Making $_SESSION secure

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So I heard that session and cookies in PHP can be vulnerable (not sure if it's true). So I had this Idea if I should encrypt those in my projects (mainly the framework I am working on).


So the basic idea is to have a class of session manager. An unique APP_KEY for the project which is automatically generated during creating the project. Now the session variables can be managed (set/get) via the class.

setting value

  1. Take the value and name for the session
  2. SHA-256 hash the name after salting it with APP_KEY so it is unique for each project.
  3. Encrypt the value via a cipher where the private key is that APP_KEY
  4. Then put it as $_SESSION[$hashed_key] = $encrypted_value

Getting the value

Reverse the setting process

So what'll happen is we can successfully retrieve the data only via the class else if directly retieved, it'd be just some ramndom encrypted key-value pairs.


You'll find the code here


So what what I wanna discuss are 4 points

  1. Is this useless?
  2. Is this overkill?
  3. Are there any place for improvement?
  4. Are there any concerning points?

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Cookies potentially are a lot less secure than Sessions. So you need to treat the two differently. Your example seems to be entirely about the server-side Session. There's such a thing as session hijacking but on the whole it's a reasonably safe place to put data, since it stays on the server. So unless you have super-sensitive data I'd say it's probably overkill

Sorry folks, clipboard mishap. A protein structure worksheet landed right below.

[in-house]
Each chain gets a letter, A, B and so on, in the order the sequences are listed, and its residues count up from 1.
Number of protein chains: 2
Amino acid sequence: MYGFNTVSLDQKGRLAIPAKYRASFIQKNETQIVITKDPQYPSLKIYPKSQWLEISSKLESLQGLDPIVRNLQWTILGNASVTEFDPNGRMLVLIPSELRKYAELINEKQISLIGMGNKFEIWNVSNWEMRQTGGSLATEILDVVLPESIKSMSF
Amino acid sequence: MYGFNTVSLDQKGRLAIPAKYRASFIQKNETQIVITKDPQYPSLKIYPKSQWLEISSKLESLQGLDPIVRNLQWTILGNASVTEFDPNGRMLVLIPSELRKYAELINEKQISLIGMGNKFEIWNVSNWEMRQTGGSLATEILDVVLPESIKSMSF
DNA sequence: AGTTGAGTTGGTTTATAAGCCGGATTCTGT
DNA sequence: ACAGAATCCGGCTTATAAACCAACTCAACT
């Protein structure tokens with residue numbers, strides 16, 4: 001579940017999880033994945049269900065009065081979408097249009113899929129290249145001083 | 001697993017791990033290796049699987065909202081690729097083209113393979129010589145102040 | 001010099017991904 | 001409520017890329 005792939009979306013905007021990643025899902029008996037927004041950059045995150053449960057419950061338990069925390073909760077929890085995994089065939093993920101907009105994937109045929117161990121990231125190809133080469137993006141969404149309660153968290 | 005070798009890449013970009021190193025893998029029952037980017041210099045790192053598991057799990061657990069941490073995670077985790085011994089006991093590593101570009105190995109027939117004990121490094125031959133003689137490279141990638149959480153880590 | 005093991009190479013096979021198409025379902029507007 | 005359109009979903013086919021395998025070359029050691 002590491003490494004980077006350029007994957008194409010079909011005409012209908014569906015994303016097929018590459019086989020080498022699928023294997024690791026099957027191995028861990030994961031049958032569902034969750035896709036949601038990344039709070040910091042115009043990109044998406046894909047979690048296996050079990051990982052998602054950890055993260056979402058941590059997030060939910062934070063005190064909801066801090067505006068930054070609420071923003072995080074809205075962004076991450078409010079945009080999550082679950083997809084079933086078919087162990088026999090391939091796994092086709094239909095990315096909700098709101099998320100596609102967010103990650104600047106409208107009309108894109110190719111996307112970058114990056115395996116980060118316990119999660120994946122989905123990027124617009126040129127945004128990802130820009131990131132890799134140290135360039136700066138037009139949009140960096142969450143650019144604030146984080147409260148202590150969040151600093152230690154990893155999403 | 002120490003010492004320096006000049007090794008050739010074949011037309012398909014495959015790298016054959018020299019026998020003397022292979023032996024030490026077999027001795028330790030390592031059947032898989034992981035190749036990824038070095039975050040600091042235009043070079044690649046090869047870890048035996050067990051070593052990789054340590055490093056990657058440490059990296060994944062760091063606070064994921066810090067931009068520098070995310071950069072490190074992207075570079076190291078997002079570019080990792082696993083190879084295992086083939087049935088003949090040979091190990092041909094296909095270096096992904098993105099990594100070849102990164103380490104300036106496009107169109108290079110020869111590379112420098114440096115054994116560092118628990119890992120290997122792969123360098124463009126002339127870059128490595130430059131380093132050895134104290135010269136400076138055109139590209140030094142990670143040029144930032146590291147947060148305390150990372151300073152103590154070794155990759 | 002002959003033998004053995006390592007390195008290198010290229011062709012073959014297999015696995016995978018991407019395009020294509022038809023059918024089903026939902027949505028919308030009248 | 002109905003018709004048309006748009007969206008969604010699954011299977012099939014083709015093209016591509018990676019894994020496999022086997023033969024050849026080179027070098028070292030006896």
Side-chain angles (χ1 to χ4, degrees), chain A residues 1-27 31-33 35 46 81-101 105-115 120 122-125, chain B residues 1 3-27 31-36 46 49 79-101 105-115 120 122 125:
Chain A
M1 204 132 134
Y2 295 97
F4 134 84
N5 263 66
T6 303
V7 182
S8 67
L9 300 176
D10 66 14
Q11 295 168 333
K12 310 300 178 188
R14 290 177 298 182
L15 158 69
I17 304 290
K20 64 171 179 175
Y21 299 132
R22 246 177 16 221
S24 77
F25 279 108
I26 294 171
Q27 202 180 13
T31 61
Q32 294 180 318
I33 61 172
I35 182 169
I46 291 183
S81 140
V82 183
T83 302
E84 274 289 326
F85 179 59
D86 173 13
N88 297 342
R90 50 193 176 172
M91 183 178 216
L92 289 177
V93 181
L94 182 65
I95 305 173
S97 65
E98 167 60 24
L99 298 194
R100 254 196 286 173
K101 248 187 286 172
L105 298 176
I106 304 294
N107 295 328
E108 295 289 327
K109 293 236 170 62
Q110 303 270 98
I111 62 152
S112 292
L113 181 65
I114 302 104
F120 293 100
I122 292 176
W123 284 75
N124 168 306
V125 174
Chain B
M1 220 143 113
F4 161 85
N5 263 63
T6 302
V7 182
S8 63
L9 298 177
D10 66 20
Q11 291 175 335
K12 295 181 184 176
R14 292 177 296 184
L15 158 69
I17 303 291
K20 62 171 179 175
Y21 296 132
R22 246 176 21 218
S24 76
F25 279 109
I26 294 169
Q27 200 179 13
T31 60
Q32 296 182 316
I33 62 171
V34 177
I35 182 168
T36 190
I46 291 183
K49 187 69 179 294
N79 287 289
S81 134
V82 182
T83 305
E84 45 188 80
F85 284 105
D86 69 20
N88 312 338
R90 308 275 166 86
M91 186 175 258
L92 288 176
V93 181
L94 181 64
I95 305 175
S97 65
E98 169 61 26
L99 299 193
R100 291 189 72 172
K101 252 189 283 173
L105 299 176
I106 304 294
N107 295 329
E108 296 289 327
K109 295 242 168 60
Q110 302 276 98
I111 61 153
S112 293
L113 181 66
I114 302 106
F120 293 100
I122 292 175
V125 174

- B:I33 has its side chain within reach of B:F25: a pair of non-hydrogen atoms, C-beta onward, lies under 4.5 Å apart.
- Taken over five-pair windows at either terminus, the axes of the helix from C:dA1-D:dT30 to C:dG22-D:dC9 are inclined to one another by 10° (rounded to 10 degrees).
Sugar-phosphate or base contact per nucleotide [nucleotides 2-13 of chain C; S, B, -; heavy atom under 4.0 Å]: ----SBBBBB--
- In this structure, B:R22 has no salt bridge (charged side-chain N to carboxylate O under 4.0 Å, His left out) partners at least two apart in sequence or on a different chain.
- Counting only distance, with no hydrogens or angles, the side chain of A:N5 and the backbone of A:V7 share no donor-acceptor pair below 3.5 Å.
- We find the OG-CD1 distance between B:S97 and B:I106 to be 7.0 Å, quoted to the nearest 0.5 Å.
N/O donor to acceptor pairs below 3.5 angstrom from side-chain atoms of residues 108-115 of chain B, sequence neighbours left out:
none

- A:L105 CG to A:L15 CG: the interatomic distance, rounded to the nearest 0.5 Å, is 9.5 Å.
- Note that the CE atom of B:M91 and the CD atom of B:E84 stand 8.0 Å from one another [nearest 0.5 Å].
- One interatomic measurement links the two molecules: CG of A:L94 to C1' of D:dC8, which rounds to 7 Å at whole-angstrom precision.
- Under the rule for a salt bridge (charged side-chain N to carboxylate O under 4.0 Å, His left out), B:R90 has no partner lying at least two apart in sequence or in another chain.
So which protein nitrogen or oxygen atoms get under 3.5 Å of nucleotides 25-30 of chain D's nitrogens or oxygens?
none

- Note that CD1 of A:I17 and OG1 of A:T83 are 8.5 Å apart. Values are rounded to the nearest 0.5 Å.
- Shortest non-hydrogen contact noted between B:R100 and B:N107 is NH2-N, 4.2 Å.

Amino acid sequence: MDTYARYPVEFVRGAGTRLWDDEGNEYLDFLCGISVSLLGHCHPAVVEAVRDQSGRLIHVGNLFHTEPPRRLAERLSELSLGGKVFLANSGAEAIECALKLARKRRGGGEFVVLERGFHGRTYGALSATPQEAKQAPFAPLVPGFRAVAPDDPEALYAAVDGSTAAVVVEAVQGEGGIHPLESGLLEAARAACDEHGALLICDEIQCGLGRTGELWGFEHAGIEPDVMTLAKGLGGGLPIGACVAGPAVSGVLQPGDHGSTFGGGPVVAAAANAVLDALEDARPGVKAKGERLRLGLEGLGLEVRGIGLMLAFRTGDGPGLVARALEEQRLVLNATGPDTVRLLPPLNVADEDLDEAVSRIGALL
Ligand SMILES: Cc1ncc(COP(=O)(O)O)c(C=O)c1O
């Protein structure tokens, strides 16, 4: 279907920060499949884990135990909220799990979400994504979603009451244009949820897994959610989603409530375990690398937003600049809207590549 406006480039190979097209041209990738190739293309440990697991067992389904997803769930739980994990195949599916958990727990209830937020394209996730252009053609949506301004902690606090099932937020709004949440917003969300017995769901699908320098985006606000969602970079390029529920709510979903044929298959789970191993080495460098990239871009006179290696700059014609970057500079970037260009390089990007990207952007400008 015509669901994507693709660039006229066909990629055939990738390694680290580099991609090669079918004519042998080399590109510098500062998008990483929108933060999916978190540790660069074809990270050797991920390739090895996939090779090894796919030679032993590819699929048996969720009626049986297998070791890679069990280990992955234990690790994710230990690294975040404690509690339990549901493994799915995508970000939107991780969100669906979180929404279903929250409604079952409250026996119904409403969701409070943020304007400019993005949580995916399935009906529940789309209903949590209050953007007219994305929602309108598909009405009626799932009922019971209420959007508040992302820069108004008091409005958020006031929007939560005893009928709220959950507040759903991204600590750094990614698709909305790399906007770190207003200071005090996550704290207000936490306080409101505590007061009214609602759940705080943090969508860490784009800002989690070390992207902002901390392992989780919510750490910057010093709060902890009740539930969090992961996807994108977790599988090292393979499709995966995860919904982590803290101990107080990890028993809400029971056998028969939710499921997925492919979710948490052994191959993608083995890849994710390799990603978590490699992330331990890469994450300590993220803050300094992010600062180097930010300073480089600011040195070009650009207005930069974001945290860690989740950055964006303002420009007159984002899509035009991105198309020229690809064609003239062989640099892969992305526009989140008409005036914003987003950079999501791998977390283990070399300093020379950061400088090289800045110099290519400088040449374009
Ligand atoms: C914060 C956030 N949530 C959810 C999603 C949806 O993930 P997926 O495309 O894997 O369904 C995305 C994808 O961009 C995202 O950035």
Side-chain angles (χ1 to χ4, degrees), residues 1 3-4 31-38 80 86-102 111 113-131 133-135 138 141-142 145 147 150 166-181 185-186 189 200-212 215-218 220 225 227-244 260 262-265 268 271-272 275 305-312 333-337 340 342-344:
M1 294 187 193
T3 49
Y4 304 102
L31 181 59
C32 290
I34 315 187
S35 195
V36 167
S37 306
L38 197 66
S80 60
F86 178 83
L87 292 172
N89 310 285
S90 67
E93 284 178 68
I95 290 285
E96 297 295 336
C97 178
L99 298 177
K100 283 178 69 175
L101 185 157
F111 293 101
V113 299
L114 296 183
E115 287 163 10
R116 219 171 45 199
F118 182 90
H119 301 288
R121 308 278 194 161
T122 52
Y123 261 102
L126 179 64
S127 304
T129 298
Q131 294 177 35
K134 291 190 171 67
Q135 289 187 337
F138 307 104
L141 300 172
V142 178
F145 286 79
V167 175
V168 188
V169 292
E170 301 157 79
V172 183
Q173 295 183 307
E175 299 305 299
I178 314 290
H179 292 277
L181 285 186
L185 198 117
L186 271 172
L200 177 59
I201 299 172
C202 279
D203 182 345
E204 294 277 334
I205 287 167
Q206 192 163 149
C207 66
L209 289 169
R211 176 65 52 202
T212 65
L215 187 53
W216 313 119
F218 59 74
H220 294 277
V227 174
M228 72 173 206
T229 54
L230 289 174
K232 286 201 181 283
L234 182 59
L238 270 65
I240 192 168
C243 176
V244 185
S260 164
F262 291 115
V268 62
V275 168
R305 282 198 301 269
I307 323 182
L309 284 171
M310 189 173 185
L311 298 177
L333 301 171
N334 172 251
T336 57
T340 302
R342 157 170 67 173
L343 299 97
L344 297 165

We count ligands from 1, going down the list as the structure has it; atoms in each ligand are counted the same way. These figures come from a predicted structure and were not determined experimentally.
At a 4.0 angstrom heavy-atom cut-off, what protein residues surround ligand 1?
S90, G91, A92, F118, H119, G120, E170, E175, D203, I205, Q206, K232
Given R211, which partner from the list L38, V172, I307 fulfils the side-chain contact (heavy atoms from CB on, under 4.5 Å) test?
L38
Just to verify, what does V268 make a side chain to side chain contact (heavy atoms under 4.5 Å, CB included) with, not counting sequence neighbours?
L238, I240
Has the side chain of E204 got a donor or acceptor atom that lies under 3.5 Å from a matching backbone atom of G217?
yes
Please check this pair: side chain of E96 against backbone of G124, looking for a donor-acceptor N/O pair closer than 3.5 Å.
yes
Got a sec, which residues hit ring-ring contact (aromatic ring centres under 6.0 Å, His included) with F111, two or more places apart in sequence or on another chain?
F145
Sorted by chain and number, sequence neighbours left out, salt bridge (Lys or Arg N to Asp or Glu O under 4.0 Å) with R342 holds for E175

It's just a class which my framework has which can be used if the user (dev using the framework) wants else he can use normal $_SESSION


I don't disagree with that. You asked if it was overkill to have that class. My response would be Yes. That's all


Seems it won't really help against most common attacks. Stealing cookies by use of XSS or cross origin attacks is very common but this won't protect against it. It doesn't protect the data on the server either since at the server side you'd always have access to the decryption keys.

It doesn't really make much sense to secure things without considering concrete attack vectors. You say "So I heard that session and cookies in PHP can be vulnerable (not sure if it's true)". You need to be aware of concrete weaknesses before you can attempt to mitigate them.

At least I don't see your approach doing any harm. At best it may provide some security-by-obscurity against generic malware.


So, what do you think can be done to improve it? Like any suggestion?


There are mitigations like CSRF tokens or content security policy (CSP). They only work if you use them consistently.

Or you can replace sessions with an entirely different authentication mechanism like JWT that does not rely on cookies that can be stolen


Hmm, I have implemented CSRF already. I;ll try out JWT and CSP


Something to consider is what you use as a session store. If your session store is the local filesystem (which is what PHP does by the default) then your session data will be on the same file system as your webserver. If the session data gets comprimised, yes the data itself will not be readable, but the comprimise means the filesystem that potentially has your application key is also comprimised.

Instead of your Session class, this is typically best handled as described here which will allow you to also save your session data somewhere other than your webserver.

This is not a useless excersise. Sympfony already provides this functionality so it is likely something that is considered useful.


I see. So one thing is I am reluctant of using symphony (not because I hate it or something like that, but like a challenge to me how far I can develop without relying third party)

So, now, instead of transferring the session, what if I try to transfer the key? would that be a valid way? (I just wanna try different things)


"Is this useless?"


"Is this overkill?"


"Are there any place for improvement?"

Sure, there is always place for improvement.

"Are there any concerning points?"

Are you aware of the manual page that discusses session settings?